How to get to Machu Picchu

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A back road through the Andes from Ollantaytambo to Cusco. I took this journey in a taxi on the way back from Machu Picchu. I paid 20 Soles.

The challenge with visiting Machu Picchu in high season is trying to book the ticket. It’s not just the ticket to get onto the site which is the drama, although that is painful enough. You also need to figure out how you are going to get there.

As far as I am aware there are four ways you can get to Machu Picchu.

  1. Walking the Inca trail.
  2. Take the tourists’ train.
  3. Take the residents’ train.
  4. Take a bus to Hydro Electric Station. Then walk about two hours to the Aguas Calientes (the tourist trap you need to pass through to get to Machu Picchu).

Option 1 is not an option if you have a budget, time constraints, and booked last minute. Option 2 is the way most of us seem to travel but you are being ripped off. Tickets are about $55 USD (at least) and you travel 40 kilometres. I tried to do option 3 as I technically am a resident but in high season I needed to book my ticket from Cusco’s San Pedro station in person, and tickets were booked a week in advance.

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I now wish I had taken option 4 but I didn’t know enough about this alternative route last minute and I preferred to guarantee making it to Machu Picchu instead. I have heard stories that this is a frightening route through the Andes.

I tried option 3. Failed. So I went with option 2.

To get to Aguas Calientes by the tourist train you can travel from either Poroy (about 15 kilometres from Cusco), or from Ollantaytambo in the Sacred Valley. I decided to go from Ollantaytambo even though it was about an hour and a half from Cusco.

I am glad I did it because Ollantaytambo was majestic and a great warm-up to the world wonder itself.

Okay, so I was anxious about how I was going to get to Ollantaytambo. I didn’t need to be. If you go to Calle Pavitos in Cusco (near San Pedro markets) you can take a bus. The tourist guide and the owner of the hostel I was staying at claim 120 Soles a taxi. But the moment I reached Pavitos and was walking to where I thought the bus was, a taxi driver stopped and offered me a shared ride for 15 soles.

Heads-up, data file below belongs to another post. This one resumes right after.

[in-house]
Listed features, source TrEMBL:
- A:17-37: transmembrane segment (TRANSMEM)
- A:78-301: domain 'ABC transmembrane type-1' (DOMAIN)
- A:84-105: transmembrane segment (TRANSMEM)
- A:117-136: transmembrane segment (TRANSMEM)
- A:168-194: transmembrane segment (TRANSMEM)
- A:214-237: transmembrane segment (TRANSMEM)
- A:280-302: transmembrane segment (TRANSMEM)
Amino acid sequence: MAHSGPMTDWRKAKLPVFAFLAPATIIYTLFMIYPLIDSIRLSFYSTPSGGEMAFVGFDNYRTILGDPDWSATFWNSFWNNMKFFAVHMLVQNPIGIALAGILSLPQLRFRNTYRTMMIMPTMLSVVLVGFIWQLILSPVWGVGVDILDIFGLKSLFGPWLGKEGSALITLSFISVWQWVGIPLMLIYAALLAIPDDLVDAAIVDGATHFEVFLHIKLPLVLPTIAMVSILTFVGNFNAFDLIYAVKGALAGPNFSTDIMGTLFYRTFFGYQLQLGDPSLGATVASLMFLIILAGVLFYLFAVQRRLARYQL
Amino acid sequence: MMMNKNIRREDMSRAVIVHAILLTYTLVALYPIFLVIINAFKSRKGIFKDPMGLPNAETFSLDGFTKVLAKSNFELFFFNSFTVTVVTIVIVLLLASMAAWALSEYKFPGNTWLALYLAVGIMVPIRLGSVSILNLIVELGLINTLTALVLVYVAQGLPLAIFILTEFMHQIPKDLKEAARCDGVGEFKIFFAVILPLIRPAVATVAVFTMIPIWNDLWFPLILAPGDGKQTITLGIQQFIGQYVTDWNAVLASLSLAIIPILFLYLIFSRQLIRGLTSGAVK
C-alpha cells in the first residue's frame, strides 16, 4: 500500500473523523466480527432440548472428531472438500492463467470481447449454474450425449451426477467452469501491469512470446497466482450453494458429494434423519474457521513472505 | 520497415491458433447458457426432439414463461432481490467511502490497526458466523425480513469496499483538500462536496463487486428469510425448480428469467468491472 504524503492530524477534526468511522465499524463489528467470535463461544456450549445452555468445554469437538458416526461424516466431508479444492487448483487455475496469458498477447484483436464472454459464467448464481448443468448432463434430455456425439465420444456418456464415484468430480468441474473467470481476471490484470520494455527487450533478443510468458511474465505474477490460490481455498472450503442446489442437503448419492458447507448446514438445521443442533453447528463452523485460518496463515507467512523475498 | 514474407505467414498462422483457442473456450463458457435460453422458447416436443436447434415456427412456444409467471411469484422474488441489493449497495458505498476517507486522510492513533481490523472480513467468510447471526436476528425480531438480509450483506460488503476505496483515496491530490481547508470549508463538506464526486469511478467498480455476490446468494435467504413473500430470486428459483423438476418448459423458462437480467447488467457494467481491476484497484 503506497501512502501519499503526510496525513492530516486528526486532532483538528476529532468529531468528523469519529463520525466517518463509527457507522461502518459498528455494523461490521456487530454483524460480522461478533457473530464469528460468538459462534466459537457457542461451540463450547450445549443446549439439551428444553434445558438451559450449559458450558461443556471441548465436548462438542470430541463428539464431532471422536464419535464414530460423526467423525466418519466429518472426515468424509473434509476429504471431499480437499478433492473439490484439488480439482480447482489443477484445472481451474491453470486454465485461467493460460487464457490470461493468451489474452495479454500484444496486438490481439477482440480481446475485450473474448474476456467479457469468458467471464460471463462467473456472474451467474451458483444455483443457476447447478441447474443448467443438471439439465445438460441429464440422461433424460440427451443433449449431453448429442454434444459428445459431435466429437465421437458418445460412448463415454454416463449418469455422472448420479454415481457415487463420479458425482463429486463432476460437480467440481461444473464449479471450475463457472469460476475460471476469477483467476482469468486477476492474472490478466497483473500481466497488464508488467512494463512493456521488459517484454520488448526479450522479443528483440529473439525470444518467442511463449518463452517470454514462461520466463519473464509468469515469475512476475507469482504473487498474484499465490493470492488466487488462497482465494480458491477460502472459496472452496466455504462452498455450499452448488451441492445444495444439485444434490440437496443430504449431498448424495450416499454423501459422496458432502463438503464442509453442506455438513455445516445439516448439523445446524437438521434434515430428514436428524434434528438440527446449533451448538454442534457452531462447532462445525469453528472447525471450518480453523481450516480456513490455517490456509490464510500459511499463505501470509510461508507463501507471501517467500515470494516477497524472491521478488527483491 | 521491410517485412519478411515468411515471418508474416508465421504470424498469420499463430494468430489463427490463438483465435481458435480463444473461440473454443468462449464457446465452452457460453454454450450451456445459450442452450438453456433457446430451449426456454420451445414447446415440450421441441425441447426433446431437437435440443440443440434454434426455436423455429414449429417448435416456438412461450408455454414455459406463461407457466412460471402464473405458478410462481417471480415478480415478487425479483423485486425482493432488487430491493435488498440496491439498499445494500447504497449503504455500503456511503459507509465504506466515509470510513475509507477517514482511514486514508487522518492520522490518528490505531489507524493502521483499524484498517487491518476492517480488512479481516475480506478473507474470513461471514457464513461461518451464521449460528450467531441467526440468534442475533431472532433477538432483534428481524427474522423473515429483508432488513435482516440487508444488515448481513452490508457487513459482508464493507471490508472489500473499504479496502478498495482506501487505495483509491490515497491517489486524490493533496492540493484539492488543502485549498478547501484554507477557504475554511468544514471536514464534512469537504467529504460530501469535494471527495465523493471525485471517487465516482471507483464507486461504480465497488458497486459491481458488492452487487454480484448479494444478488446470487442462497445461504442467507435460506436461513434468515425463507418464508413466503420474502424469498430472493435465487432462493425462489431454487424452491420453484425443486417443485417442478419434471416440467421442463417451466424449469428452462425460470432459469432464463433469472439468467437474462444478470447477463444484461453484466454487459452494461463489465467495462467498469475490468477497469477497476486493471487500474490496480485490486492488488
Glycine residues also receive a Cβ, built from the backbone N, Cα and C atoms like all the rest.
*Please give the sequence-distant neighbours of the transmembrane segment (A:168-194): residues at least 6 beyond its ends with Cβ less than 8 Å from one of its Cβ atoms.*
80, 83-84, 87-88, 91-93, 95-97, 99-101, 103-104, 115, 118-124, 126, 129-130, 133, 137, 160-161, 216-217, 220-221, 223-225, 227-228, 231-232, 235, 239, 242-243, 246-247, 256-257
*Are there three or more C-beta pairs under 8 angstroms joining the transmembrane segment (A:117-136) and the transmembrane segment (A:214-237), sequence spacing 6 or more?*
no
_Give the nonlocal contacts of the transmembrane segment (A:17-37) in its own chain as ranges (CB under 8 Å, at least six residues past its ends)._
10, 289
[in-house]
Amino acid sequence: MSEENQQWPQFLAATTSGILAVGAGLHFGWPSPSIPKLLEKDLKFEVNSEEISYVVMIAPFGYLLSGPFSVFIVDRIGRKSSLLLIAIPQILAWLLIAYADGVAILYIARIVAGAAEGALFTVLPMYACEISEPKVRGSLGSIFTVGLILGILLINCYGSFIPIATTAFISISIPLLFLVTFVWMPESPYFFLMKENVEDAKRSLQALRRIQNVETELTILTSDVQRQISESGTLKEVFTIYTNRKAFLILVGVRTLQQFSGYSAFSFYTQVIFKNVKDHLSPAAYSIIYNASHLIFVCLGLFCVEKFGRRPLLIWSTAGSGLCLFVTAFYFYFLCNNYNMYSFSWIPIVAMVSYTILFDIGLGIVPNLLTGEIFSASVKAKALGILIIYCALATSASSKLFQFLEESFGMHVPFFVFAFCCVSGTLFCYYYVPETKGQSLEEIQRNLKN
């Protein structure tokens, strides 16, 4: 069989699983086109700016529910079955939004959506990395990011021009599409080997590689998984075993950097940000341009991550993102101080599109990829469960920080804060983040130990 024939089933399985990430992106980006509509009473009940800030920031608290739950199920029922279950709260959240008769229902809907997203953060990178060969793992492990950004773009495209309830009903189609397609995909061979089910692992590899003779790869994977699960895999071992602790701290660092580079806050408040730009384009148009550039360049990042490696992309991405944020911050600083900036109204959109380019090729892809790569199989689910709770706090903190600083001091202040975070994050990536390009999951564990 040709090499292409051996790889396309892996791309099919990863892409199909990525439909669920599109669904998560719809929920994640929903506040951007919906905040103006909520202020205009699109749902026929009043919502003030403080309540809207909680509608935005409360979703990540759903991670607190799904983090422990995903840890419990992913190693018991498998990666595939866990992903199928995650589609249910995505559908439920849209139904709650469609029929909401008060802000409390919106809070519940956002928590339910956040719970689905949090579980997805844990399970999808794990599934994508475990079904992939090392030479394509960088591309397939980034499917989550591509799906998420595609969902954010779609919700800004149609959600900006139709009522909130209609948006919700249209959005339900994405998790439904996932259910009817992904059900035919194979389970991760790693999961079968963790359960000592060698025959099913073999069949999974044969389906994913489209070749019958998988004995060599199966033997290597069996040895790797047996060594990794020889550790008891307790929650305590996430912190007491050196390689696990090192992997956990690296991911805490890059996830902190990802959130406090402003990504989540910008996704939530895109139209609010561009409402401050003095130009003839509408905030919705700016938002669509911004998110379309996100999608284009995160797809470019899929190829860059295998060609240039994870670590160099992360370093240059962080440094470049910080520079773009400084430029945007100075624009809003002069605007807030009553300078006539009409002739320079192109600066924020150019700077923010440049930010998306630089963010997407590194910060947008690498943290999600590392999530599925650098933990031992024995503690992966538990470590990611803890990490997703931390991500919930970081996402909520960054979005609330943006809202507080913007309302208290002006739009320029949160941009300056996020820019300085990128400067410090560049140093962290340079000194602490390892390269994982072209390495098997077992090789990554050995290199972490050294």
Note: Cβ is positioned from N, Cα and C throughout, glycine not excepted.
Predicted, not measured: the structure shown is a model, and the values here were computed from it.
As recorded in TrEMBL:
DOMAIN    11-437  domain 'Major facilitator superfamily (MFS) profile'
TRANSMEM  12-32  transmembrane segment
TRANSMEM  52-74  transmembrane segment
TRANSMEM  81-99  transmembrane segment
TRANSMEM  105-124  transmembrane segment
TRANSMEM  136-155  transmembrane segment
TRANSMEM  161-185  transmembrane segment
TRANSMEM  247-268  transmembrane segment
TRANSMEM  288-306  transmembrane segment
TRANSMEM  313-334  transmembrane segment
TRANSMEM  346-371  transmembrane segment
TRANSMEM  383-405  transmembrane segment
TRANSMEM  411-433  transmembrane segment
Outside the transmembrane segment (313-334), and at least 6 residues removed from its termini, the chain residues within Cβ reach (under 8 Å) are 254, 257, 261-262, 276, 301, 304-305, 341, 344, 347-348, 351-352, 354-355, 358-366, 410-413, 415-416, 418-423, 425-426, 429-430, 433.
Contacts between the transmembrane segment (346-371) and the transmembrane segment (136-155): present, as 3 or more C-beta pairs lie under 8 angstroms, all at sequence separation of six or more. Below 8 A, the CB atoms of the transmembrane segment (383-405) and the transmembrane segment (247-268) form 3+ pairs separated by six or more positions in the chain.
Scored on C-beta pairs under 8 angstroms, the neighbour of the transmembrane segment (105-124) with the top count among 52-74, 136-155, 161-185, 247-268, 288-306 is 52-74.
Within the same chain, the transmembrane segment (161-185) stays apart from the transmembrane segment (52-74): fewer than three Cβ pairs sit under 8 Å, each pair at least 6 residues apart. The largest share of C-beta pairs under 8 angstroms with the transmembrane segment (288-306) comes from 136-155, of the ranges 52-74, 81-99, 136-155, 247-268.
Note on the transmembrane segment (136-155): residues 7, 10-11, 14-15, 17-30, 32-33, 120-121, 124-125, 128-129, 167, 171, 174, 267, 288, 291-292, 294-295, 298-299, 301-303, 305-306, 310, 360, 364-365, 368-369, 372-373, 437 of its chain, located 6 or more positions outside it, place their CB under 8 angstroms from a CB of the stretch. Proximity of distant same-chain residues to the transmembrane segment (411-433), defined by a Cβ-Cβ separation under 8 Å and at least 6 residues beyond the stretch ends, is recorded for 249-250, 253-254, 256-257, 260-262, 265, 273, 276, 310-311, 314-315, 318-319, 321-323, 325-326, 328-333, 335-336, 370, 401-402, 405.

We drove through the sacred valley as he picked up hitchhikers, including a Quechua man who played a pipe from the back seat. We picked him up from Urumbamba, and we had a limited conversation in Spanish while driving along roads with snow caps glaring from the horizon.

(*It has since come to my attention, from travelers from Manchester, that there is a much easier and even cheaper fifth option. If I remember correctly, if you pay 120 Soles to the right tourist guide, you can get a ride to Hydro Electric Station. From there you can walk to Aguas Calientes. The price also includes a night (or two?) at a hostel, and the ticket price into Machu Picchu. This seems too good to be true for me, but if it’s the case, this is by far the easiest and cheapest option for a foreigner on a budget).

Cusco!

When you make a life for yourself in a foreign country, the things you truly came to experience are forgotten, for life often is predictable. Predictability means complacency for someone such as me.

I had one week off for holiday and I knew I had to do something with it. I had to borrow money and use my damage deposit to scrounge up enough money.

I bought a return flight from Trujillo to Cusco for 680 Soles for an overnight flight, packed one bag to last six days, and scoured tickets for Machu Picchu.

While in Cusco I stayed at a hostel called Puriwasi (18 bed mixed room for 29 Soles). That is a decent price compared to other places during this journey.

Here is some quick advice before I focus later posts on experience:

-Altitude sickness! Cusco is more than 3000 metres above sea level. If you fly here you will not acclimatise as well. I was in hell for 18 hours in my hostel bed. Avoid alcohol.

Maybe drink a lot of water, and wear a hat! Avoid too much walking on the first day.

Drink a coca tea from time to time. It is better to drink it before you feel the effects of the sickness.

-To visit many ruins or museums here you will need a ‘Boleto Turisto’ pass which covers about 17 places. Get it from the La Muncipalidad office in Av Sol (near the plaza de armas). The pass lasts 10 days and costs 130 Soles (if you a resident it costs 70).

-Travelling to Machu Picchu is its own story! There are many ways to get to the world wonder. I will mention more in detail in another post.

-Knowing Spanish helps with the experience but most people in customer service have an excellent ability in English (better than many visitors travelling from across the world).

It is a great place to practice with confidence. Try it, and you will meet many interesting people from across the world. For me it included Peruvians, Americans, Canadians, French-ians, amd Argentinians (who taught me how to pronounce their country properly!).